I do love Vernon Tyler. He’s the kind of multibillionaire the world wants. More concerned with defending Earth and protecting its people than the bottom line, he still becomes mega-ultra-rich---so take that corporate America! I just love his end-runs around the Establishment…too
Jan 22, 2014 rated it it was amazing
2018 reread: A really good story, in a very good series.
Nov 01, 2018 rated it liked it
Though I don't usually go much for the military branch of scifi, I loved the first instalment "Live Free or Die" of this series very much. This second edition, however, got into politics that were at times a bit harsh for my taste. Nonetheless, all the new and previous characters were well executed and the energetic momentum and action scenes were on par with the original first instalment - as well as the long drawn out engineering lectures - those I can put up with for a while as it counts as s ...more
Feb 01, 2011 rated it really liked it
Shelves: favorites, sf-hard
Not too long ago, I reviewed a novel by John Ringo rather harshly. It deserved it. But I'm crazy-happy to tell you that his latest, Citadel, is a rockin', rollin' good read. It gave me several hours of reading bliss, and you can't hardly ask more than that. For those of you who want hard SF with all the nuts and bolts, this is your stuff. Those of you who crave authentic feeling military flavor will be happy, too. Ringo's books frequently draw on his military background and his battle scenes giv ...more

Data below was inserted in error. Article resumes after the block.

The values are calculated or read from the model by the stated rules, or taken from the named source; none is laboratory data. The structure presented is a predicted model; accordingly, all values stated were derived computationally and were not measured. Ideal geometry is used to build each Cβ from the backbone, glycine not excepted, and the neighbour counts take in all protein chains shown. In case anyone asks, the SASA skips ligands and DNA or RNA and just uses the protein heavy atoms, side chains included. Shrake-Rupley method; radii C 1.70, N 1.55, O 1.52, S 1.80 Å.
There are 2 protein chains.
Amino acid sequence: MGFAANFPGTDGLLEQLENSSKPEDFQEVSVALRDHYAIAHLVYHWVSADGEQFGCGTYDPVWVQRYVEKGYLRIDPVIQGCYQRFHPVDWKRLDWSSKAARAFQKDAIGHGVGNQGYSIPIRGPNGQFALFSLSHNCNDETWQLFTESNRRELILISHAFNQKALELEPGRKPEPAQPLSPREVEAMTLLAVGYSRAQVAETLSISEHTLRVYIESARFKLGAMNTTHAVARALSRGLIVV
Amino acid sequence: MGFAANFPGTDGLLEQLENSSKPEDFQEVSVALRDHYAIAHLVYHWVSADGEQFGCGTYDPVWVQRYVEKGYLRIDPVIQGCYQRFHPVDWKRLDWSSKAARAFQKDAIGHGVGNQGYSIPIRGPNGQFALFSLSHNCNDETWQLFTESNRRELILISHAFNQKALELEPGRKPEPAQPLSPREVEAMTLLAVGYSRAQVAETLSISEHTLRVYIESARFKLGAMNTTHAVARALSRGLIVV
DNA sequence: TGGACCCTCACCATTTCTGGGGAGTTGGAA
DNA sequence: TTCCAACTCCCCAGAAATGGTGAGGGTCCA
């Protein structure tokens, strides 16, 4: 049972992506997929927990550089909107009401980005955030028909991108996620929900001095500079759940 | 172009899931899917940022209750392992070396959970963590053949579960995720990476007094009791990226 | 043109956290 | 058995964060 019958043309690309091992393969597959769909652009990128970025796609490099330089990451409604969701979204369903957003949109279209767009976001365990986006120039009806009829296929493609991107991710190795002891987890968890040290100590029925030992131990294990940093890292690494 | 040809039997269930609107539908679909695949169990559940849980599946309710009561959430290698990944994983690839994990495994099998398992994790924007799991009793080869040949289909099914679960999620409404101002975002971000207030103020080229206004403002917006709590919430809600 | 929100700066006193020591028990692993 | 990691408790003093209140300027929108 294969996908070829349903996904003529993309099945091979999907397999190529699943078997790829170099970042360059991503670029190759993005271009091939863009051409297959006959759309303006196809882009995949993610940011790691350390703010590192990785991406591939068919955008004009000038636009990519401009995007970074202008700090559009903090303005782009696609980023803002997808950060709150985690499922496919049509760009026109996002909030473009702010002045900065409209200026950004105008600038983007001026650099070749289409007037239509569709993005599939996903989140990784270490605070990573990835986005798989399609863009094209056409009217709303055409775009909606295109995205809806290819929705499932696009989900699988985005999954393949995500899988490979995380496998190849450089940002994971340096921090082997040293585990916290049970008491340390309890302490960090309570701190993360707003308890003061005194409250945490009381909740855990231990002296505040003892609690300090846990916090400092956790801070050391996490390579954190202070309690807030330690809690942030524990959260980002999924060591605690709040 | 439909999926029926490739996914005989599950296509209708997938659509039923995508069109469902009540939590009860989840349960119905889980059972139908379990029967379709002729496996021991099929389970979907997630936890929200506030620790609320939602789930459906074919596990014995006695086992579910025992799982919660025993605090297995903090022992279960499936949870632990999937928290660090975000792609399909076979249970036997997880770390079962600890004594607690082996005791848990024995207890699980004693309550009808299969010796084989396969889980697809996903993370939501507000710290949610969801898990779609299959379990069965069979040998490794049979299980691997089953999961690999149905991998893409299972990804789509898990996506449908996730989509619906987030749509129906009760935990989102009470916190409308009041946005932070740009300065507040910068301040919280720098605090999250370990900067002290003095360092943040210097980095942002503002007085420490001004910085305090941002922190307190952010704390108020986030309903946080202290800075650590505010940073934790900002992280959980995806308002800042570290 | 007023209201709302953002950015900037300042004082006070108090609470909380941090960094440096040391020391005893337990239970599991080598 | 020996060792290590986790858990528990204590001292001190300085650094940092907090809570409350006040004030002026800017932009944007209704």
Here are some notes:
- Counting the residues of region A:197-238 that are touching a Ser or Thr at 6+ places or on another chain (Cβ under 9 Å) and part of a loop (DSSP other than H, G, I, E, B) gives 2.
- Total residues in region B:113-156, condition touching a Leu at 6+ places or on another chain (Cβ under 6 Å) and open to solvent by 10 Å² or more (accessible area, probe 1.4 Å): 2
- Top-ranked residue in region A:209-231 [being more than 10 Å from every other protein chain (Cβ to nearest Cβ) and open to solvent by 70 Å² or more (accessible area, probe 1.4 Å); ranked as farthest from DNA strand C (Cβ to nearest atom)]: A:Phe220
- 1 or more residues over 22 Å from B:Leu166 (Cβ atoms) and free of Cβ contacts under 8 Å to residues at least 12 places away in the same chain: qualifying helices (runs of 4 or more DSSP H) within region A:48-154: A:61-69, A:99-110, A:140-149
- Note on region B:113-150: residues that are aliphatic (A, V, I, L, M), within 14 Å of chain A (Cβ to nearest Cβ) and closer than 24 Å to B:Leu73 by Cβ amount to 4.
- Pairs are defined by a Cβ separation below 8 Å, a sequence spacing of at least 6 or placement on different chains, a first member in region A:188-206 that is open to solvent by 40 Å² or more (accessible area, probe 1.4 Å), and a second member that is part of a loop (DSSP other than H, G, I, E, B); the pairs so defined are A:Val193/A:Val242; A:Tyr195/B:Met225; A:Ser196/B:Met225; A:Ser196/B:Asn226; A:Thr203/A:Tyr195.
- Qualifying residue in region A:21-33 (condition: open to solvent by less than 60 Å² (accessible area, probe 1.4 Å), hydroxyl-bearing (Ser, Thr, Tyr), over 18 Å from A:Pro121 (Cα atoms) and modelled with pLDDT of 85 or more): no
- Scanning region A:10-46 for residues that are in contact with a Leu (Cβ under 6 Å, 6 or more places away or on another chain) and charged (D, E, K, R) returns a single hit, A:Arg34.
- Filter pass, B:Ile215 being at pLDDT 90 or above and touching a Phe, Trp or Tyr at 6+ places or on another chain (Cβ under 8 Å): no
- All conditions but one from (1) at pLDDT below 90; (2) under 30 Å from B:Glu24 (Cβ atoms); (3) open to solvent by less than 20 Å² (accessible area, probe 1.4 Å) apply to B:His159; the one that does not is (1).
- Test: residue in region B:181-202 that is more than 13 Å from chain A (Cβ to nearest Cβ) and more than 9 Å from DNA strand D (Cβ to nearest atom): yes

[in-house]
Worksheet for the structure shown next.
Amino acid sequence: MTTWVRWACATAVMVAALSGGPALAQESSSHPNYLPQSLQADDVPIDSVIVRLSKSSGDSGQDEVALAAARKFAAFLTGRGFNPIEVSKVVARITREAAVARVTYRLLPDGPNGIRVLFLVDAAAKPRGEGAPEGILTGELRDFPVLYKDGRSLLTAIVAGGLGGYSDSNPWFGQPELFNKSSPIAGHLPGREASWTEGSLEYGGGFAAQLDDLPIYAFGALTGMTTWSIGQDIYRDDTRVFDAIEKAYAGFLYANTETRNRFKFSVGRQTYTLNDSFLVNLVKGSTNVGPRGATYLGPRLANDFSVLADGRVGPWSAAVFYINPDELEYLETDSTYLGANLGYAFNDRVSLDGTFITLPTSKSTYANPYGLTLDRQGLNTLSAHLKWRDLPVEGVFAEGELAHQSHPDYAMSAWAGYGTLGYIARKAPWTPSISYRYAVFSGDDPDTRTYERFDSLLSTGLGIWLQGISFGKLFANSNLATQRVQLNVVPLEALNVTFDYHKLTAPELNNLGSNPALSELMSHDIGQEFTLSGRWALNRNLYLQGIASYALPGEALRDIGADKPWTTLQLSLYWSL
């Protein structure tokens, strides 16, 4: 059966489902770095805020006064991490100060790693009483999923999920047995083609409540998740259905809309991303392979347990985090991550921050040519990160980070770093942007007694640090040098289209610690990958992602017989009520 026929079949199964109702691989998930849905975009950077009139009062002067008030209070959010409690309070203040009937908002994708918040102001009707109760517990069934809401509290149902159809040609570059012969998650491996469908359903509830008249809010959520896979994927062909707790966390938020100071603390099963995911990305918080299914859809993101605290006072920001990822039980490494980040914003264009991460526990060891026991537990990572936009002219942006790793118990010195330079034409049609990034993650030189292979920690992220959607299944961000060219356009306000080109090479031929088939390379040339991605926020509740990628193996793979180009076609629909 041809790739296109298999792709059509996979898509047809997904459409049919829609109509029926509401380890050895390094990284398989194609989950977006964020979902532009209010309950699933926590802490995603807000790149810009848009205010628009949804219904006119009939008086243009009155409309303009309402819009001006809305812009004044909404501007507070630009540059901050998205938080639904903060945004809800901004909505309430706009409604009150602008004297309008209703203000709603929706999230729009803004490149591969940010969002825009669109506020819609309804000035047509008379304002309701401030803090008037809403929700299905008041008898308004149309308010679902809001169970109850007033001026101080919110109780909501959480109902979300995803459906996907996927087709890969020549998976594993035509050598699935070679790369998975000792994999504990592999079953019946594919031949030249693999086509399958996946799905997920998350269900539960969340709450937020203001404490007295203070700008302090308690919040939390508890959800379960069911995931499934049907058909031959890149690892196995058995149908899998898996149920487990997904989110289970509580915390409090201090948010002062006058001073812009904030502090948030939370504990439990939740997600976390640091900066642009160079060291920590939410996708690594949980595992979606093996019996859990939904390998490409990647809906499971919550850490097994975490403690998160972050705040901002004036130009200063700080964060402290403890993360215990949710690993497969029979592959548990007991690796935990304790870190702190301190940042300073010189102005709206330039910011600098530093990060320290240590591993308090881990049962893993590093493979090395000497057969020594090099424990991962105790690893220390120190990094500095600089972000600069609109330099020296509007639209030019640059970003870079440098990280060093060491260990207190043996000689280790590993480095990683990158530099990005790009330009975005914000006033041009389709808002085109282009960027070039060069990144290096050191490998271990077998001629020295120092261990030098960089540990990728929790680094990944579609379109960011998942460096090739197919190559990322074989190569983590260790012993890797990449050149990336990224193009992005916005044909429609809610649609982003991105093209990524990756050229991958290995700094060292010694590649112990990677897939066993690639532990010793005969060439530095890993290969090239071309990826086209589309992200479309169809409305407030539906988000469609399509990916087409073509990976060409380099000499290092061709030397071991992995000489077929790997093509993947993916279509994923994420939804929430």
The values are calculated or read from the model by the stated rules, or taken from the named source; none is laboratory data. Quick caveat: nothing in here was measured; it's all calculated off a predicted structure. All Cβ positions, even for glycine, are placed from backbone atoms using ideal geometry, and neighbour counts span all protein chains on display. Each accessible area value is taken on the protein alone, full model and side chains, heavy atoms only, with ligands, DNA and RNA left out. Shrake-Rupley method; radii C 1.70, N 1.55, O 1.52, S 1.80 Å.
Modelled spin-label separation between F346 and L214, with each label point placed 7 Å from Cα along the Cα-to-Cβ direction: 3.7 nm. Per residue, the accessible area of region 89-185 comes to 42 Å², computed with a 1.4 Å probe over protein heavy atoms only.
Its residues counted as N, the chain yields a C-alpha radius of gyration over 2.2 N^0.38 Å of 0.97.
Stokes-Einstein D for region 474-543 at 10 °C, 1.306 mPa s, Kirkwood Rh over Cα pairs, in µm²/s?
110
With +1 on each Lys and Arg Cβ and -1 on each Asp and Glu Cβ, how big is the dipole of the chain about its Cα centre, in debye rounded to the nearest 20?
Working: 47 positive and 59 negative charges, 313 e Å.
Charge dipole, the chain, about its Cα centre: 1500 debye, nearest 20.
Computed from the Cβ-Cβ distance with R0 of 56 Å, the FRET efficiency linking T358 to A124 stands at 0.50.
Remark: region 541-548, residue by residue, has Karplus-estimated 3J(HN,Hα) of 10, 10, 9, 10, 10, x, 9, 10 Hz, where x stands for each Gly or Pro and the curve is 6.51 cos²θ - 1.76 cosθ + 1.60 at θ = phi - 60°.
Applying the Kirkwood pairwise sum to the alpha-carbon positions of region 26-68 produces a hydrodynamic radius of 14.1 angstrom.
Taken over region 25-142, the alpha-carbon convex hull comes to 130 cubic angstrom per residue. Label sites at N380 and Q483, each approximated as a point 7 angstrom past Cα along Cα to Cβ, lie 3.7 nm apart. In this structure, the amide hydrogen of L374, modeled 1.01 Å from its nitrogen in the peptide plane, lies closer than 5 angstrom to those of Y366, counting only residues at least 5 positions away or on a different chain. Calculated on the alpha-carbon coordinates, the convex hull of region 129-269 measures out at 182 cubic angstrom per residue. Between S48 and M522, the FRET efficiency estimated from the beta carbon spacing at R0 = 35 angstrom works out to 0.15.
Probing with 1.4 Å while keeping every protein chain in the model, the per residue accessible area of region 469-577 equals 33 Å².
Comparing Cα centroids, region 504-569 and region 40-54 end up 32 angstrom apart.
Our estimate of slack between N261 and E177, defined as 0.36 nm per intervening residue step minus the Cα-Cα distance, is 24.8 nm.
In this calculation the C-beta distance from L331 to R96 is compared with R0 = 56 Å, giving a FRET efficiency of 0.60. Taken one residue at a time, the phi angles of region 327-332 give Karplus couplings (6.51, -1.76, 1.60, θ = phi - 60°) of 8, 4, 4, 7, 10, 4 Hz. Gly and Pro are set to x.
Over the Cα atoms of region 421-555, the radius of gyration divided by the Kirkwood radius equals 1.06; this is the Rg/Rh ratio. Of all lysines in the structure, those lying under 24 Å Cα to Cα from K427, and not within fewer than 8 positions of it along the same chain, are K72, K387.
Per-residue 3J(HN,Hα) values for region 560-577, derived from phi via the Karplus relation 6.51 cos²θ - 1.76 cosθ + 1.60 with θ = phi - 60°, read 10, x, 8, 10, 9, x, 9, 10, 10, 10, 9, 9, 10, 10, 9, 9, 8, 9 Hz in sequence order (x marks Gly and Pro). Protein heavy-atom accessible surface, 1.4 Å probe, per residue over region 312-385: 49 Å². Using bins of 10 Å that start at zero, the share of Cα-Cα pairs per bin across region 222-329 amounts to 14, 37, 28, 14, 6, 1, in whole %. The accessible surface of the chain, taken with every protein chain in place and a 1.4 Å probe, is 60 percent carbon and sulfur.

Oct 01, 2014 rated it liked it
Shelves: sci-fi
I had a really hard time waiting for my next Audible credit after I finished Live Free or Die, and in the end I didn't make it. I cracked and bought Citadel knowing that I'd use the next credit to buy the final book in the trilogy, The Hot Gate.

So that's the first thing to know about these books: they're addictive! They're also very, very light reads. They're incredibly heavy on pseudo-technical exposition because (in traditional hard sci-fi style) quite a lot of the plot revolves on a gee-whiz
Dan McLaughlin